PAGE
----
CAPE CARTERET — Town officials filled in the trickiest piece in the Cape Carteret Trail puzzle Monday night, awarding an $94,000 contract for construction of an elevated segment over wetlands associated with Deer Creek along the north side of Highway 24.
The 5-0 vote came during the Cape Carteret Board of Commissioners’ monthly meeting in town hall off Dolphin Street and virtually via GoToMeeting.
The new 493-foot-long elevated section of the trail will be made of concrete and begin where one completed segment ends just east of White Oak Elementary School. It eventually will continue, as asphalt at ground level, to the Handy Mart at the intersection of Highway 24 and Taylor Notion Road. That segment, which will connect to another completed section along Taylor Notion Road, has been delayed for years because of the high cost of elevating the walkway over the protected wetlands.
Earlier this year, Commissioner Steve Martin successfully convinced the board to make use of town motor vehicle tax revenue that had been sitting unused for years. Residents must pay $5 each year to get the auto sticker, and Mr. Martin said there was no reason not to use the money.
In June, after Mr. Martin made a request, town manager Zach Steffey asked Carteret County for money, and county commissioners voted to match the $63,750 in town motor vehicle tax funds.
County Commissioner Robin Comer, who represents western stretches of the county, including Cape Carteret, said the match followed precedent, as the county several years ago gave the town $125,000 for the trail, matching $125,000 in town funds.
Monday night, Mr. Steffey told the board, “The town has secured a building permit, (Coastal Area Management Act) minor development permit and (N.C. Department of Transportation) encroachment agreement for the project.
“Once a contractor has been selected, we can begin work on this critical trail section as soon as materials arrive,” Mr. Steffey added.
The town sought bids for construction over the wetlands and received three. Each bidder included the cost of a concrete segment and a wooden boardwalk segment.
The town opted to go with the more expensive concrete because it will be more durable, and Harber Marine Construction of Peletier won the contract with the low bid of $94,000. Of that, $81,500 is for the concreate and construction. Money for mobilization, traffic control, clearing, stabilization and erosion control brought the total to $94,000.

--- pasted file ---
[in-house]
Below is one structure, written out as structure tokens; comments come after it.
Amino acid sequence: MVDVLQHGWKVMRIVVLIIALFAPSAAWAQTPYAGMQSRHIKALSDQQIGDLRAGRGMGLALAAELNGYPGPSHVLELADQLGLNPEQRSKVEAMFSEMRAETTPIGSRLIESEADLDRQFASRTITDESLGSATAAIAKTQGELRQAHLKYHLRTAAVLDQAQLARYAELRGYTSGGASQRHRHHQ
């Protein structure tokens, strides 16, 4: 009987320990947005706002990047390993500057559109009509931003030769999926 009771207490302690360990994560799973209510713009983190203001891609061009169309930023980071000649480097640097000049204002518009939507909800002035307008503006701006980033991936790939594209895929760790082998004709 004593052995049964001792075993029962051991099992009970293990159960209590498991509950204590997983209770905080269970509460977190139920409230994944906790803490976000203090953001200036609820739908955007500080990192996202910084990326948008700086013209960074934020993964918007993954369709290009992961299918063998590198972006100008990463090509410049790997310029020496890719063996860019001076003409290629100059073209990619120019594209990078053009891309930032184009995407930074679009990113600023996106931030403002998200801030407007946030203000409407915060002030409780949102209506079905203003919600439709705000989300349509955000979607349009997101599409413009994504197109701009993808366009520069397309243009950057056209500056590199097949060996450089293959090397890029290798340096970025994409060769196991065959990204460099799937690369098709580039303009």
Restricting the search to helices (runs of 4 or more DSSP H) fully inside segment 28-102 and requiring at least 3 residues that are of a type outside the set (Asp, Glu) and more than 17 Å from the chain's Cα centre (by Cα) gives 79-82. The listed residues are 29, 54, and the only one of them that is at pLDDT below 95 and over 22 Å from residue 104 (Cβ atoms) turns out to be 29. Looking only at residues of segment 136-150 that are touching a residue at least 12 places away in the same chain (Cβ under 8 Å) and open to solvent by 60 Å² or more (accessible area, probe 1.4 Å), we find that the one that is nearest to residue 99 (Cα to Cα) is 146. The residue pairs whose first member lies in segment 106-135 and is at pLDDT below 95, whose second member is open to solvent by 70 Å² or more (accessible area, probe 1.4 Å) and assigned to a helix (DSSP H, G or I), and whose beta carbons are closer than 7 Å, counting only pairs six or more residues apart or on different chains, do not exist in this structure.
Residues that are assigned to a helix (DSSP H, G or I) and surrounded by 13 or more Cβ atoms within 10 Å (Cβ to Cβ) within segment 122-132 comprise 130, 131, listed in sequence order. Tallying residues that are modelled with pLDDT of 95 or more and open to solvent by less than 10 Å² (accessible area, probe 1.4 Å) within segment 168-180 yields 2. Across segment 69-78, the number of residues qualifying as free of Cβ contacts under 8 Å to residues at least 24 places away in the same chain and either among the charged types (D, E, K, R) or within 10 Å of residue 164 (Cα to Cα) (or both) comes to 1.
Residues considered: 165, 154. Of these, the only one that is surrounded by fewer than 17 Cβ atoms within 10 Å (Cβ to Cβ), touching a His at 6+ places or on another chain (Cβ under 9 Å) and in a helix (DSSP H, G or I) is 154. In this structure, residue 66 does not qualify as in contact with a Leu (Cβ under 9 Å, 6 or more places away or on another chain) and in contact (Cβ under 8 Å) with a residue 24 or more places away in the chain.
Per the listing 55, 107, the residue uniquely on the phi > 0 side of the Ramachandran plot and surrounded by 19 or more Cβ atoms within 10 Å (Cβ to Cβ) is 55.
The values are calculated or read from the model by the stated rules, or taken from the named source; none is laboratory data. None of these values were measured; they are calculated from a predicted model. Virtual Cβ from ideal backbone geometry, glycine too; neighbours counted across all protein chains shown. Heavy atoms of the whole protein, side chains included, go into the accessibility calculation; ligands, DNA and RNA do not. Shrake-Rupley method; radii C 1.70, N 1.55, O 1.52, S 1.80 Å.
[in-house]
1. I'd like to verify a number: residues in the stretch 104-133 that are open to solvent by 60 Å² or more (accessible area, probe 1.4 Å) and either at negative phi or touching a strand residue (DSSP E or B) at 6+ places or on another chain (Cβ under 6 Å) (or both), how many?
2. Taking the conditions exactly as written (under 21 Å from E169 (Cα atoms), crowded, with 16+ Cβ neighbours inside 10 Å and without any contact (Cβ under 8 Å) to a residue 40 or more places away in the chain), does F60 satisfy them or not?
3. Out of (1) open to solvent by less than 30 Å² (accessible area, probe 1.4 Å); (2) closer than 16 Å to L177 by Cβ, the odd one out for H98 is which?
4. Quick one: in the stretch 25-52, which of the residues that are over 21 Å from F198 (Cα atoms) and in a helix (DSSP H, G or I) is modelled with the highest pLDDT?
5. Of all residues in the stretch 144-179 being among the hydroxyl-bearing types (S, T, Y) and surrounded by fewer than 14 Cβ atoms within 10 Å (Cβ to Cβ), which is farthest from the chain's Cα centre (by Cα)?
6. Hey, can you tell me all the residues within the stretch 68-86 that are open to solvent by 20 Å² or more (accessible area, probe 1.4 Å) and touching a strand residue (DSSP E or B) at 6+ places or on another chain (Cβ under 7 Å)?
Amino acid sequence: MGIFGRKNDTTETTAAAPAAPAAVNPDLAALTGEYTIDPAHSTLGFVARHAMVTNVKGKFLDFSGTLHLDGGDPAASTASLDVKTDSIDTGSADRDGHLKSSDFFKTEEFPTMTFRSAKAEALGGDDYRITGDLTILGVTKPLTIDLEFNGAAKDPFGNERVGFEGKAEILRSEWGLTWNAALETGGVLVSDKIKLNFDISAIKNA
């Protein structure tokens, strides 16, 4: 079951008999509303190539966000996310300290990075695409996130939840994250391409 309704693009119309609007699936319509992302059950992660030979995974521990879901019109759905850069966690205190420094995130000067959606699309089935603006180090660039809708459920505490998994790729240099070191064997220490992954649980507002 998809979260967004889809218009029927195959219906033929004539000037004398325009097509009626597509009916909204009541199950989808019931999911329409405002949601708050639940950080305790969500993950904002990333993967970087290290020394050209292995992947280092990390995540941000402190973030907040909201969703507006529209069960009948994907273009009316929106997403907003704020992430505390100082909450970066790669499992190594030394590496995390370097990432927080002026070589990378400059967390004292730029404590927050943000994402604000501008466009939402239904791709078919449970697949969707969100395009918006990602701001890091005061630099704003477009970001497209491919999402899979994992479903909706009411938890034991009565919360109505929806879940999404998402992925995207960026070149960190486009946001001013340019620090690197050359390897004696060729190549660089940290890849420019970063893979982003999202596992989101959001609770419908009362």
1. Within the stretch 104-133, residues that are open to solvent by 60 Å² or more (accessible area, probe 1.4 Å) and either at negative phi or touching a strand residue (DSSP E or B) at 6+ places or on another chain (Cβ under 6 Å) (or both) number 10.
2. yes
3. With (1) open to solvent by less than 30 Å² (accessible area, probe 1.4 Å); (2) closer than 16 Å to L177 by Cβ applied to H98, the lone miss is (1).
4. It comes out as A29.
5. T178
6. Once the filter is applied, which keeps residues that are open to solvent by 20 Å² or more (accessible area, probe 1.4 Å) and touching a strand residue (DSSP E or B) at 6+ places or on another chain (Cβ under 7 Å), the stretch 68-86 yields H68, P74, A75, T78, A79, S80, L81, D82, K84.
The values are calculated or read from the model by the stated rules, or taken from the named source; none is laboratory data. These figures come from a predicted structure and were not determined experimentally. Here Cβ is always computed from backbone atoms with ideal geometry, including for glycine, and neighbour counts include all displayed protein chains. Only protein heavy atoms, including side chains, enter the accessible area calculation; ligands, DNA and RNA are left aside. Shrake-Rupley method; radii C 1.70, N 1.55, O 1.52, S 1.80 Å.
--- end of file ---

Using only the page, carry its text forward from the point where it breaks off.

Other concrete bids were $108,000 from Crystal Coast Marine Construction of Emerald Isle and $155,000 from T.D. Eure Marine Construction of Beaufort.
The segment will comply with the Americans with Disabilities Act.
The idea for the multi-use bike and pedestrian trail came from Mike Curtis, then the town’s attorney, and the Gateway Alliance for Western Carteret, a business-promotion group. The town approved the project, mirroring a popular path in Emerald Isle, in 2015 and hoped to have it finished by 2018 using grants and donations. It is to ultimately to run along Highway 24, Taylor Notion Road and Highway 58 in roughly a 3-mile triangle.
The town has received several small grants, but none recently, and voters in 2020 narrowly rejected a $1.2 million bond referendum that would have provided more than enough to complete the project. The town also applied for $500,000 from the N.C. Parks and Recreation Trust Fund but was not funded.
The segment from the elementary school to the completed section on Taylor Notion Road is crucial, Mr. Steffey told county commissioners in June, because it will link the school to the Western Carteret Public Library and The GYM, an aquatic and fitness center.
The town is continuing to seek grants and other possible funds to complete the entire section to Taylor Notion Road.
Contact Brad Rich at 252-864-1532; email firstname.lastname@example.org; or follow on Twitter @brichccnt.